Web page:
College age replacement workers have been operating the plant during the latest union work stoppage. “They are students and interns training to be engineers,” a resident said. 

You can download as a PDF attachment, Acute Exposure Guideline levels for Selected Airborne Chemicals.

UH6 Toxic Report (1.21 MB) tsd58

NRC REPORT (52.69 KB) ML14300A675
2004 UH5 Incident and Report (1.21 MB) ML050880230

From Huntington News, WV: “Union representatives are reporting that seven people north of the plume suffered burns and that another seven to ten at or near the EEI plant who had sheltered in place also suffered injuries. Union employees walking a picket line Sunday night distributed a video of the release; however, Honeywell claims it was spray used to contain leaks.
On the union’s Facebook page, a posting provides media links for anyone injured to speak out. Local media have been accused of taking the plant’s word for it.
Another source indicated that about a month ago, three workers were hurt inside the plant, but were told not to tell anyone about their injuries.”

From Union News: “While a Honeywell representative in New Jersey told local media that “there is no indication that any material has left the building,” raw video taken outside the plant (see links below) shows the suspected gas leaving the building for at least six minutes before water mitigation towers were activated.
Witnesses who saw the plume leaving the plant property placed multiple 911 calls but were told that the release was “in house” and “under control.”
“There was a systematic breakdown in the response to the emergency. It wasn’t just our people; local citizens called 911 and were told that the company has reported the situation to be under control, all while they watched the gaseous vapor leave the building and the site,” said Lech, who was on the scene during the incident. “A company spokesman in New Jersey and an NRC office in Georgia were reporting on events in Metropolis while we watched the reality of the situation unfold.”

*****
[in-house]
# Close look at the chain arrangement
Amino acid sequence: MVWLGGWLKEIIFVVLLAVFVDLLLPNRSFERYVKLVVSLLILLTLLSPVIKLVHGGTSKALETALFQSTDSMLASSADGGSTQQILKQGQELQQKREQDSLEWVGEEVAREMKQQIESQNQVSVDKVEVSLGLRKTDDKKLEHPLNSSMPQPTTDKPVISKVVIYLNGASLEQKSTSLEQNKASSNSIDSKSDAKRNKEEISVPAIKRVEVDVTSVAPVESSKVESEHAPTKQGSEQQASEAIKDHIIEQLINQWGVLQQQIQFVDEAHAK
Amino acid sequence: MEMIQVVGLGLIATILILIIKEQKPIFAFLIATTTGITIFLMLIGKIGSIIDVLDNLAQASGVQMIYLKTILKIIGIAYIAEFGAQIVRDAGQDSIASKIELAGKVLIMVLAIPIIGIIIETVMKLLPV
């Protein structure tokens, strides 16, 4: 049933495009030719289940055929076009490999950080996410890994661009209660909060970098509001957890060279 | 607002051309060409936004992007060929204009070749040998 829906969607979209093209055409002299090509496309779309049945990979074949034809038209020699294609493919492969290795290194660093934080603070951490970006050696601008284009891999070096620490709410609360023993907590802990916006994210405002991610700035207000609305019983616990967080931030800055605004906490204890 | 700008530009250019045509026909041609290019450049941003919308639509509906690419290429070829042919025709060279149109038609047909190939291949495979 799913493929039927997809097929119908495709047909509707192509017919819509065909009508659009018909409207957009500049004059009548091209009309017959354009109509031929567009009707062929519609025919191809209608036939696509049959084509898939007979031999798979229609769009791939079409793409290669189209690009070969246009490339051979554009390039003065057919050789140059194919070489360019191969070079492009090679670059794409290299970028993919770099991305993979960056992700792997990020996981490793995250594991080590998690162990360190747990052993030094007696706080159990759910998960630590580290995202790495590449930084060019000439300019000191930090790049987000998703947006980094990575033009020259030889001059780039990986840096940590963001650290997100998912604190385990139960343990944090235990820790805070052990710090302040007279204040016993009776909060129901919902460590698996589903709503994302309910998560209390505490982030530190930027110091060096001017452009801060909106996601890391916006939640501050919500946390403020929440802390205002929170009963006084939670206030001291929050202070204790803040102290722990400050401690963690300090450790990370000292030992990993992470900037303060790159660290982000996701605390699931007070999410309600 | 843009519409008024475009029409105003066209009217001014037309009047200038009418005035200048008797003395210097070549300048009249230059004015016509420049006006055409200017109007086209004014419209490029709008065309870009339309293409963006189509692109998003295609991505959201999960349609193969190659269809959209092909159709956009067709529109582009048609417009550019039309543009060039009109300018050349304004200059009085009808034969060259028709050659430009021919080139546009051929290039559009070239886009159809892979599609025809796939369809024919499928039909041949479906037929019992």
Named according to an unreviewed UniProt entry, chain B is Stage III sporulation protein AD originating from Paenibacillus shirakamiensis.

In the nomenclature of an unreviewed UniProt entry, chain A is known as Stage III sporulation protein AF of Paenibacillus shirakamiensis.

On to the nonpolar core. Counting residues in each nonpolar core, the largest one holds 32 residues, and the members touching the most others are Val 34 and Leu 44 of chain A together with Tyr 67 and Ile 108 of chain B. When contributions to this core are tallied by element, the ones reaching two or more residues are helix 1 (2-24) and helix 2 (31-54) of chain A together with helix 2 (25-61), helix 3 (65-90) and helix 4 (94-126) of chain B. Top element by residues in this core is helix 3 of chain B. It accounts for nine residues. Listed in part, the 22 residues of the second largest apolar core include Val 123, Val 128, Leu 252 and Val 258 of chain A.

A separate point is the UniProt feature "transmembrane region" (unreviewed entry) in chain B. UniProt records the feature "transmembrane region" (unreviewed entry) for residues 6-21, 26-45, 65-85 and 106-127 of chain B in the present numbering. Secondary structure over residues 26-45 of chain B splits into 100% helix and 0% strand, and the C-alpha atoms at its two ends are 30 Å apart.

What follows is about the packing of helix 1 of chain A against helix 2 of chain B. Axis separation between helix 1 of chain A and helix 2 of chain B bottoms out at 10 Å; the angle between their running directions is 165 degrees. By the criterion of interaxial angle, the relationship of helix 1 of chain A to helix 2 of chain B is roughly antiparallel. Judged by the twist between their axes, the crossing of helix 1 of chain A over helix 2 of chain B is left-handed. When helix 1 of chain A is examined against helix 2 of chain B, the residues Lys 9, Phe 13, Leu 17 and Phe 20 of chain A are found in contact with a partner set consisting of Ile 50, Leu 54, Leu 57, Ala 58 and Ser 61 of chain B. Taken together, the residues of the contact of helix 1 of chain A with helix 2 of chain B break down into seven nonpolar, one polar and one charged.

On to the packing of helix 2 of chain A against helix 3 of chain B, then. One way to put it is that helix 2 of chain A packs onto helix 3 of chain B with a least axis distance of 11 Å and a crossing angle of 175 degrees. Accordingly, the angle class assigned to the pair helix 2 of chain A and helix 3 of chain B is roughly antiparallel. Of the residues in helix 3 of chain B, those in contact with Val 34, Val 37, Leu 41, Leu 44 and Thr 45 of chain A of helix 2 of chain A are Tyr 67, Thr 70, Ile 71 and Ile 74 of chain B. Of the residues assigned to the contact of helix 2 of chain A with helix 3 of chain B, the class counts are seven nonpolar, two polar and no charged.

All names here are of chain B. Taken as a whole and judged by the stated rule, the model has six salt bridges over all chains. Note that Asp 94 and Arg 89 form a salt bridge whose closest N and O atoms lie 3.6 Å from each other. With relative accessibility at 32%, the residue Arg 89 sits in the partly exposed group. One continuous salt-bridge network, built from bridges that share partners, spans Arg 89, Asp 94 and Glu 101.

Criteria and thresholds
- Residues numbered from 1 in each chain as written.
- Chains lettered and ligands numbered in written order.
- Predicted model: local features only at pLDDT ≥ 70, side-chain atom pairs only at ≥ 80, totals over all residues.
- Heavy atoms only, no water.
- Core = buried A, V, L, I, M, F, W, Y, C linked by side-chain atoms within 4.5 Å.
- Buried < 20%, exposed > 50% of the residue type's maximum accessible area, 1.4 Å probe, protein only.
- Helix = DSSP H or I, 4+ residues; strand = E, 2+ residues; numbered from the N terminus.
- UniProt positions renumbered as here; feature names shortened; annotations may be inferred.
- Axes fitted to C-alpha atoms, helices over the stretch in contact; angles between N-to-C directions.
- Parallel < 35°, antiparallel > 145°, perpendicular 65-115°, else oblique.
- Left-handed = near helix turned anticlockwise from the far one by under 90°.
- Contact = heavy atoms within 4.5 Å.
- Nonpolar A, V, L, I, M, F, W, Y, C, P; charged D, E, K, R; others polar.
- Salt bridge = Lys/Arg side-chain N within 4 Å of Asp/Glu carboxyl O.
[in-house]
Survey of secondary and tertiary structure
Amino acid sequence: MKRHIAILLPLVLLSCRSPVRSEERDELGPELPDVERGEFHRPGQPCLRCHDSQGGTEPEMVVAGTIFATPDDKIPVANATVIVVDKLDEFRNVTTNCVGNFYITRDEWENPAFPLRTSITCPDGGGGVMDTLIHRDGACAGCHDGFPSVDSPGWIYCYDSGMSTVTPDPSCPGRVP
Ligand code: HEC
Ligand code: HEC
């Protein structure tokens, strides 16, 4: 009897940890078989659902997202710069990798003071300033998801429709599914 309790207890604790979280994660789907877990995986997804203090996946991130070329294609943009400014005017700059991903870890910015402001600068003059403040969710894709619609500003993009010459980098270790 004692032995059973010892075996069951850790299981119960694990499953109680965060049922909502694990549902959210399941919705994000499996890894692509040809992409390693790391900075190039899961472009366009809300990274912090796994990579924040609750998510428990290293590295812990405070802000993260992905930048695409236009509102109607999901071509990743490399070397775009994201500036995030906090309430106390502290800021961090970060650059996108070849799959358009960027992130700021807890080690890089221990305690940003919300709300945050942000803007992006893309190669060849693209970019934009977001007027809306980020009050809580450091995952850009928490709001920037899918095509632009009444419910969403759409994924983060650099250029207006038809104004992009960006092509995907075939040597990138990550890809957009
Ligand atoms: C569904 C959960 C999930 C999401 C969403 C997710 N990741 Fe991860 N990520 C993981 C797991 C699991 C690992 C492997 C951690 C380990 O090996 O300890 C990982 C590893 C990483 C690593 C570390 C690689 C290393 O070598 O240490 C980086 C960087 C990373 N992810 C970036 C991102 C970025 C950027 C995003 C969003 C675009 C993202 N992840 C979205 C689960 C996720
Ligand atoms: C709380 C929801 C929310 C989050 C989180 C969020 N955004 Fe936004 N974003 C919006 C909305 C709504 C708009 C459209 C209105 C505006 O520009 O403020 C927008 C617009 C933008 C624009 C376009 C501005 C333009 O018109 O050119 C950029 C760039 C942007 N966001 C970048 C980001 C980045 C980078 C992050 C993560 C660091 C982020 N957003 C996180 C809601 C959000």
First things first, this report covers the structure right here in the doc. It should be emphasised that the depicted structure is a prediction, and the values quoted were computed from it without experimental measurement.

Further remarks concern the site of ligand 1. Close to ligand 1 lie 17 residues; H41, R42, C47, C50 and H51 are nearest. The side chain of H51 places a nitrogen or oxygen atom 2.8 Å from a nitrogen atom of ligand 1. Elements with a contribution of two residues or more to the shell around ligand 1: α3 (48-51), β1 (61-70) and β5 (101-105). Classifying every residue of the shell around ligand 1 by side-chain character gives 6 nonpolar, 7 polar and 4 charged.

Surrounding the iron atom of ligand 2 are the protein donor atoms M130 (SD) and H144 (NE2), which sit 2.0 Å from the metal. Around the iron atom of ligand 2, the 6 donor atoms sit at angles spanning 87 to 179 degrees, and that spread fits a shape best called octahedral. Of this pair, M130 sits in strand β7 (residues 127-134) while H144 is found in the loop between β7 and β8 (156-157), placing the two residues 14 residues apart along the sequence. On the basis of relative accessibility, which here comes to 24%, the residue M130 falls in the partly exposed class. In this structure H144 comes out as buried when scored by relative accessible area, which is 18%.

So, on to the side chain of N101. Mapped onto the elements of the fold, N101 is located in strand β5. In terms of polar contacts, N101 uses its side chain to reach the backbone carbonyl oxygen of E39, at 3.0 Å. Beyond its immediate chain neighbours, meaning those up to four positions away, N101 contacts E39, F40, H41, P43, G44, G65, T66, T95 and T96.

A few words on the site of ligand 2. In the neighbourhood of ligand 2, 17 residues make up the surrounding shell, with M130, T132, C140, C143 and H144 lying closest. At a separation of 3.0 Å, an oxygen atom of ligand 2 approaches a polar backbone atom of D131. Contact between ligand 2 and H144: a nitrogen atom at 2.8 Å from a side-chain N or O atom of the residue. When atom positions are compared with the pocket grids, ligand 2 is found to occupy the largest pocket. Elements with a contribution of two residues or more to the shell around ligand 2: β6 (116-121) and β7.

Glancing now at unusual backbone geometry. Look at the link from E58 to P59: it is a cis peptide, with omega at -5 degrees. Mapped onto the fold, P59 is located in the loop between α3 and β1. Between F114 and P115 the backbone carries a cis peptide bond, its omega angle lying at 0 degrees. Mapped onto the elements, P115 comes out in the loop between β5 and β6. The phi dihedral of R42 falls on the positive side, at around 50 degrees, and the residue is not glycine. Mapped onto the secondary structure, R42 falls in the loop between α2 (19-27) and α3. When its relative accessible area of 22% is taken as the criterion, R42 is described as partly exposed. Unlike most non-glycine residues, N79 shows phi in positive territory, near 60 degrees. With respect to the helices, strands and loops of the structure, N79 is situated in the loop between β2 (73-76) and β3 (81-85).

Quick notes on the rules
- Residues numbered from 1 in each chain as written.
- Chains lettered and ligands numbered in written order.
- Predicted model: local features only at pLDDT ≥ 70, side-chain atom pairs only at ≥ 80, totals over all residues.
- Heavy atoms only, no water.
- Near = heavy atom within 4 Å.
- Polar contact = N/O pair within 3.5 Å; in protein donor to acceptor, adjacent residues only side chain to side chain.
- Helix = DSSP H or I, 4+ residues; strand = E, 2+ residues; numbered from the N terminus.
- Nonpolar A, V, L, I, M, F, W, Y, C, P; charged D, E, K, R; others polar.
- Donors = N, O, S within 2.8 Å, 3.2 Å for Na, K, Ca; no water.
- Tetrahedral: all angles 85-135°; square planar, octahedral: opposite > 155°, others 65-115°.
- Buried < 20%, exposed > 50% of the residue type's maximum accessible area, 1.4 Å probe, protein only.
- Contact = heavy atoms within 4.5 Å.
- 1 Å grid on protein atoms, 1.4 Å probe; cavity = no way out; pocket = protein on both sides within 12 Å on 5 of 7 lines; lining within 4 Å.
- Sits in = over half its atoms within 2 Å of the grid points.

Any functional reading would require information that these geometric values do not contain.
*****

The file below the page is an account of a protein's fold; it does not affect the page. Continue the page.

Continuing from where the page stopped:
Plume Model of Radioactive Release at Honeywell Uranium Hexafluoride Plant 

The USW also is calling for an immediate “town hall” meeting with the company to provide the community and employees with an explanation and to offer citizens a chance to voice their concerns.”…

From Reuters: “At this point we’re still in a fact-finding mode,” Hannah said. “We haven’t come to any conclusions about whether processes weren’t followed.” He said the investigation could take a few days to a week.…

My original article on the mystery surrounding the accident:
“Did Metropolis get Nuked last night??”…

Spayers were not initiated til a full 6 minutes after leak. Video here:…

Plume modelling from HYSPLIT via CVN:…

I have stated repeatedly people who live in the area should check their cars for poss damage. This is why:…

To get the full picture watch this series on the Wigner Effect:…

**I will update everyone pending the release of the NRC’s Preliminary and Final Report**

Thank you to Deep 13th Nuclear Waste Info channel
for the use of this video:…

Licence Creative Commons Attribution licence (reuse allowed)